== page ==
And so I realise every day that everyone is beautiful and there really are no flaws in anyone. There are only scars from falls, wounds from stabs, dried tears of pain. And fear. Fear of losing a loved one, of failing and falling, of more pain. So we’re all beautiful in our own ways. And every person we meet in this lifetime, only adds to that beauty. We’re all the same in our uniqueness, carrying a little of God everywhere we go, sharing it with everyone we meet.
It’s a strange feeling resting heavy on the heart. Hurried anticipation for the near future. The kind that doesn’t let you sit still and makes you want to get up and pace around the room. A few deep breaths every other second does no good. Your feet also begin to hurt. Where are the words to describe this discomfort?
Everyone and everything around you is fine. Your aunts and uncles are sharing happy good mornings on the family WhatsApp group and there is love and warmth all around you. But do you really feel it?
How can emptiness feel heavy? But it does! I promise you that! It’s a puzzle, the heart. The missing piece is just your soul demanding to go home. And this home is not in the dusty streets of Karachi or in the shimmering ones of New York or in the rainy ones of London. This home is in His remembrance. Just remembering Him, thinking about Him, His mercy. More than the problems that keep you awake at night.
This home is in the smile you gift to another human being, it is in the ease you create for another, it’s in the comfort your words and actions gift to another. It’s in the noise of the waterfall, in the humming of the meyna, in the sea-shells washed along the shore. In the gratitude you offer as you wake up from flashbacks of a ghostly – or ghastly – past life. It is also – and I’m sure of this – in the guidance we seek, every morning.
And in love. And in Love.
I’d like to imagine that right now – at this moment – I’m watching the sun rise here and set far away.
Slowly, gracefully, the orange semi-circle of the centre of this known universe rises. The darkness of the previous night shies away as hope and love begin to dawn. It’s going to be a new day, another day, anything can happen! Anything at all! Do you see how big that is? How amazing that is? Good Lord!
It keeps on ascending the azure, singing hymns to the seven skies, admiring the hues of the wild blue yonder, nodding “*subha bakhyr” to all who woke up to say “thank you for another day” to the God who sends little miracles along their way, each day, every day.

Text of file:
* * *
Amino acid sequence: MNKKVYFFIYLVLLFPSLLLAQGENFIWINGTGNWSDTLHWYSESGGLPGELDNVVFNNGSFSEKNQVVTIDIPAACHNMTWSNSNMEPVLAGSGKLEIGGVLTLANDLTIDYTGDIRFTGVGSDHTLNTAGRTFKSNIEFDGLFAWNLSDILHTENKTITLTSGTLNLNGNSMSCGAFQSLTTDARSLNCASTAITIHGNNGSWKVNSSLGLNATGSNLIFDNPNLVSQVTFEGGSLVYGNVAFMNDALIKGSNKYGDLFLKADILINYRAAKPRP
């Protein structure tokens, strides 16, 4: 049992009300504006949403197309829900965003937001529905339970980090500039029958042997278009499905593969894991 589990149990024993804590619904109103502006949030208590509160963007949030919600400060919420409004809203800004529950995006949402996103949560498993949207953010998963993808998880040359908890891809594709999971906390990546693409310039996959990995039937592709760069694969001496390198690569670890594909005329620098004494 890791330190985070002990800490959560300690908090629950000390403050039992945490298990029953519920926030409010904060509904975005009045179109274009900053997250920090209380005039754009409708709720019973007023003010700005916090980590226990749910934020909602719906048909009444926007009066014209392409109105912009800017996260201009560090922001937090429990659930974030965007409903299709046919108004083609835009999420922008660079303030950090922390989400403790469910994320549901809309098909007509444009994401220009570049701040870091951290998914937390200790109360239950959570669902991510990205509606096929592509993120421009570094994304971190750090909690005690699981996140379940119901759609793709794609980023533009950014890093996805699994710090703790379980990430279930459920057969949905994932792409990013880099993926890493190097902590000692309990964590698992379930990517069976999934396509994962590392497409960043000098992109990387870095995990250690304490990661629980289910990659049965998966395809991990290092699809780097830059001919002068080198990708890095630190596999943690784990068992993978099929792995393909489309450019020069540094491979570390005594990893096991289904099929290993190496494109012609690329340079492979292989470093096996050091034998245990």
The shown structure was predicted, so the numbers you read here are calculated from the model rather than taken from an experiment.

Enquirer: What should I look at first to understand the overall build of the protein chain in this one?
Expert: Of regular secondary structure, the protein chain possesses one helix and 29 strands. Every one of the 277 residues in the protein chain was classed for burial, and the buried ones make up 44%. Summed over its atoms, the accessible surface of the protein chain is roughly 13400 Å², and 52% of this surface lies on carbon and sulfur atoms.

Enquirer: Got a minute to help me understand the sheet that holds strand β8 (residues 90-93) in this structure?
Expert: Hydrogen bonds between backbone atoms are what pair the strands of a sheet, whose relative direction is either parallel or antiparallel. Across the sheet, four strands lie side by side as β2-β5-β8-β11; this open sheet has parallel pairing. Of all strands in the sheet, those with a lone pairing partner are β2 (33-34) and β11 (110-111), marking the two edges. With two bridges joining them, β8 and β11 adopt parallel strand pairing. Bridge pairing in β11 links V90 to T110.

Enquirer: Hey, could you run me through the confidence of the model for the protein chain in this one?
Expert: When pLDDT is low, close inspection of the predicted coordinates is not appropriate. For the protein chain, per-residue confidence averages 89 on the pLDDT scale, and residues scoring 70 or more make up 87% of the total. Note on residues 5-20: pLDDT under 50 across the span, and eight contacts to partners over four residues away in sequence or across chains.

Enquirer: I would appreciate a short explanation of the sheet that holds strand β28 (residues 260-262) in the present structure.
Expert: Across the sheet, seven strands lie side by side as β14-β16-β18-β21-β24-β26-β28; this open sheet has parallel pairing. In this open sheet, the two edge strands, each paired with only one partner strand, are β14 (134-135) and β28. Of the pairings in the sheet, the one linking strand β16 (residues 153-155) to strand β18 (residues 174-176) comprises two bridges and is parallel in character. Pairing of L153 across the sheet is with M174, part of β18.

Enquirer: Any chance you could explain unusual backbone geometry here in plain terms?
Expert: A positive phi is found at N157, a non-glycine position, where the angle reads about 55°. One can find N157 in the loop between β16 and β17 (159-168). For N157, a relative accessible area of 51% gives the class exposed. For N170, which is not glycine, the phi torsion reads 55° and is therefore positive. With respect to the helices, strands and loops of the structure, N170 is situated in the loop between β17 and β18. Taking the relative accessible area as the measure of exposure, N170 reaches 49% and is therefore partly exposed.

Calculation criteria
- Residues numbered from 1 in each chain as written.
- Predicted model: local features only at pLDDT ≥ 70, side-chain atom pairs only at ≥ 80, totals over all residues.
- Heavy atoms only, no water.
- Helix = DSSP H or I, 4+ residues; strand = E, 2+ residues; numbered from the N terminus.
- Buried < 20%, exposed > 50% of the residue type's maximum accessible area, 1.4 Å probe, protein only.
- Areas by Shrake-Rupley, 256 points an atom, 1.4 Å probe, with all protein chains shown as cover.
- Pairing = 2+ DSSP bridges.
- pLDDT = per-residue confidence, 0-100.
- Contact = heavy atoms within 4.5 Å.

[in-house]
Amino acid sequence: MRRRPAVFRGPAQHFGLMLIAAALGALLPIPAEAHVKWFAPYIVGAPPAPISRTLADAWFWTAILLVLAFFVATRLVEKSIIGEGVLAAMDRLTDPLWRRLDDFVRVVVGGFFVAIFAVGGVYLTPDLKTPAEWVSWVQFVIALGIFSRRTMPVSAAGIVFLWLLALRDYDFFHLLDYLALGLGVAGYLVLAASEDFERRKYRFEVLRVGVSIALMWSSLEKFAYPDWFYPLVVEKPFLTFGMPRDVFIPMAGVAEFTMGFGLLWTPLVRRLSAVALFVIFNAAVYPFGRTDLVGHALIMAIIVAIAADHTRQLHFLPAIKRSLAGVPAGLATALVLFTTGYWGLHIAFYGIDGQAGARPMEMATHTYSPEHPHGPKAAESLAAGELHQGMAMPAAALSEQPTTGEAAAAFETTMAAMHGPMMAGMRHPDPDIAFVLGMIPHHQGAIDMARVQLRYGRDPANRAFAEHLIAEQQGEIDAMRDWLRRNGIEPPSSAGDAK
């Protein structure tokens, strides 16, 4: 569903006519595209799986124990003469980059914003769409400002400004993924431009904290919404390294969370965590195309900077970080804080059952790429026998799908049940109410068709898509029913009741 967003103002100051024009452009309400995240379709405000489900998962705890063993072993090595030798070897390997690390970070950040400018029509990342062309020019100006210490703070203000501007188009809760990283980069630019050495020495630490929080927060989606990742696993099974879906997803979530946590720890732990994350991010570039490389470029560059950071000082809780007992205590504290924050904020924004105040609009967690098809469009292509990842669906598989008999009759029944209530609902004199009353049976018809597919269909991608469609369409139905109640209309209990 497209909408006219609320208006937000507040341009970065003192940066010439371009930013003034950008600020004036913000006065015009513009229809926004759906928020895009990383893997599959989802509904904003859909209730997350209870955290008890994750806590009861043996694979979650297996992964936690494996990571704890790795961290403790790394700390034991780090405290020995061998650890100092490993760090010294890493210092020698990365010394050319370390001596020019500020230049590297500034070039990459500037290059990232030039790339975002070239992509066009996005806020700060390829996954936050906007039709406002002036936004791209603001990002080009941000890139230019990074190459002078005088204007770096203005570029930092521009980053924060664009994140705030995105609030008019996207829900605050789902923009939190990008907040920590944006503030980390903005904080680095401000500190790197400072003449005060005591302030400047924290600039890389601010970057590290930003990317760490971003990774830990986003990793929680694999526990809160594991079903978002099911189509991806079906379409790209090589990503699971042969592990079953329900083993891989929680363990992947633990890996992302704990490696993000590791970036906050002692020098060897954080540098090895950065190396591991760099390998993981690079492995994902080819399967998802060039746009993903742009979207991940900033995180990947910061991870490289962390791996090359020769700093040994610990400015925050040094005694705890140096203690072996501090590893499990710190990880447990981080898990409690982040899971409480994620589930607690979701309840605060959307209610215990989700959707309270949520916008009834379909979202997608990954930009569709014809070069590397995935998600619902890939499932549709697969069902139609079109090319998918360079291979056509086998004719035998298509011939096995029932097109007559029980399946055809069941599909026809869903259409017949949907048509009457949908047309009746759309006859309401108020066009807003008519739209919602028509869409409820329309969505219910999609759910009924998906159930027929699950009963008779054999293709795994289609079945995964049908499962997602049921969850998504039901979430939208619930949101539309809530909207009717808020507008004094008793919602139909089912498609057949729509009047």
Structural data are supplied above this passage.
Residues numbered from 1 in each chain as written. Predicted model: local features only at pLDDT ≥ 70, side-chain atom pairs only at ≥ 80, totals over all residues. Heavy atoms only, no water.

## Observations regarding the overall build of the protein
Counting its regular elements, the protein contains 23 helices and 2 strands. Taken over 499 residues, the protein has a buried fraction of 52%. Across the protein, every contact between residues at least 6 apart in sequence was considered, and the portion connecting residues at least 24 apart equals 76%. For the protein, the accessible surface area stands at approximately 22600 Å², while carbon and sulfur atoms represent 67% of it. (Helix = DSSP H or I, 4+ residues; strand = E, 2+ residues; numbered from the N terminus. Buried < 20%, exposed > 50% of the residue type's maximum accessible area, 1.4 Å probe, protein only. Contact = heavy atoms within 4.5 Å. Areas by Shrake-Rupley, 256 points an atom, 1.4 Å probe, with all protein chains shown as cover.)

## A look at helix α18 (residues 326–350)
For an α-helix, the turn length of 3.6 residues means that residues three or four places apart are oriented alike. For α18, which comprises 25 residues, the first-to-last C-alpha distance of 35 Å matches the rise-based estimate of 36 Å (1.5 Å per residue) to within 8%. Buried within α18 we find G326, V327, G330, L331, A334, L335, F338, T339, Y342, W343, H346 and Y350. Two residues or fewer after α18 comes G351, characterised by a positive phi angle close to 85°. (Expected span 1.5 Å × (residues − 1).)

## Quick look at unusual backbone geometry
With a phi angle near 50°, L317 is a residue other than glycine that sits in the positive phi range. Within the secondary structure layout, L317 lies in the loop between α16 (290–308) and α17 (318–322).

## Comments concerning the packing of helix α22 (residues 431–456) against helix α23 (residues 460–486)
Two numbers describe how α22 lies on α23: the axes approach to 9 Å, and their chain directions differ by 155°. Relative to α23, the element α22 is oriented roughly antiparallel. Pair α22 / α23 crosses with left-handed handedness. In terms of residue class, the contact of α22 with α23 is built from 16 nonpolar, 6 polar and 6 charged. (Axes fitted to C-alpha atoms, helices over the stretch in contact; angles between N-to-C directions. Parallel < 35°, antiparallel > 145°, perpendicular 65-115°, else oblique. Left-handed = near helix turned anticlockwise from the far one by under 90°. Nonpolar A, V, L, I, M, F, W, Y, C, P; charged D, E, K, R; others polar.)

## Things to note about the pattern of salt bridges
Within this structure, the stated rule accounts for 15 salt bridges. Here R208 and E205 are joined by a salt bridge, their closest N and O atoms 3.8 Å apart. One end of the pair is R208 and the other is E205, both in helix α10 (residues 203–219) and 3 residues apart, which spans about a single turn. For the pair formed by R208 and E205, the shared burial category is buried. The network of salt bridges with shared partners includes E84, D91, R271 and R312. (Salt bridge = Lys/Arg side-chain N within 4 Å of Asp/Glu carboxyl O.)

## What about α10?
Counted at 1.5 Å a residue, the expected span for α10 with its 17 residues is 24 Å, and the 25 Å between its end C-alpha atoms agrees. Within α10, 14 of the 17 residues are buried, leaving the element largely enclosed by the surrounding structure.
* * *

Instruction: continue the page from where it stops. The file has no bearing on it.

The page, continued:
And once it’s up there – majestic and all – it just shines down on everyone. The rich, the poor, the weak, the strong, the sad, the happy, the sinful, the pious. And just knowing that it’s there up there, helps you breathe deeply, slowly, calming that erratic heartbeat and sweaty palms and racing thoughts and the doubts and fears. It’s a little hard to believe but when you peek at the crystal mirror, you see your reflection smile in gratitude for another chance at life; for tearing away the heavy, heavy mask that was taking your life away; for this magical walk on the clouds when you lightly put your feet in front of the other and dance carefully, unbelievably light, not believing that the long path behind you is really now that: behind you.
Skipping heartbeats, grateful **sujoods, peaceful eyes. Really, “***Allah O Akbar”!
There are certain emotions that cannot be named and there is no language that will always – always – explain why the poor heart is beating to a certain rhythm.
Such as when something happens, something that isn’t bad but doesn’t get you to jump around with joy, either. And then you don’t know how to feel, how you are supposed to feel. Your heart is beating faster and faster and you want to rip it off because it’s making you uncomfortable and you feel like crying with frustration. You also know that your mother’s womb was warmer.
There’s nothing you can do because all you remember are the days that have gone by, the nights when the room was booming with all that you wished to say.
But what of the days ahead? you ask yourself.
You’re a doctor. But do you know how wounds heal? God-willing.
“Doctor Sahab jab se aap ne inko yeh dil ko machine lagaee hai, yeh kuch ziyada hi bolnay lagay hain!”
(Doctor, ever since he’s had this pacemaker, he’s become very talkative!)
“Woh isliye kyunke inki quality of life behter ho gaee hai!”
(That’s because his quality of life has improved!)
“Haan lekin yeh bohat bolnay lagay hain! Har waqt mazaaq kartay rehtay hain, chahay dost houn yaa rishtaydaar!”
(Yes but he’s really become very talkative! He’s joking around all the time with friends and family!)
“Tou acchi baat hai naa!”
(So that’s good!)
“Meray liye tou mushkil ho gaee hai, Doctor Sahab! Bus yeh chaahtay hain k myn saara waqt inkay paas hi bethi rahoun, inse baatyn karti rahoun! Bus har waqt inko hassi mazaaq chahiye! Mjhe tou dar hai k kahin abb maid se bhi mazaaq naa shuroo kar dyn yeh!”
(But its annoying for me, Doctor! He just wants me to sit with him and talk to him all the time! I’m afraid he’ll start chatting and get friendly with our female house-help even!)
And the well-furnished cardiologist’s clinic roared with a burst of hearty laughter that reminded us – future healthcare professionals – that health truly is wealth; that a happy, satisfied patient is the best reward for the years of hard work, and that this is exactly why advancements in science and medicine were a tribute to humanity.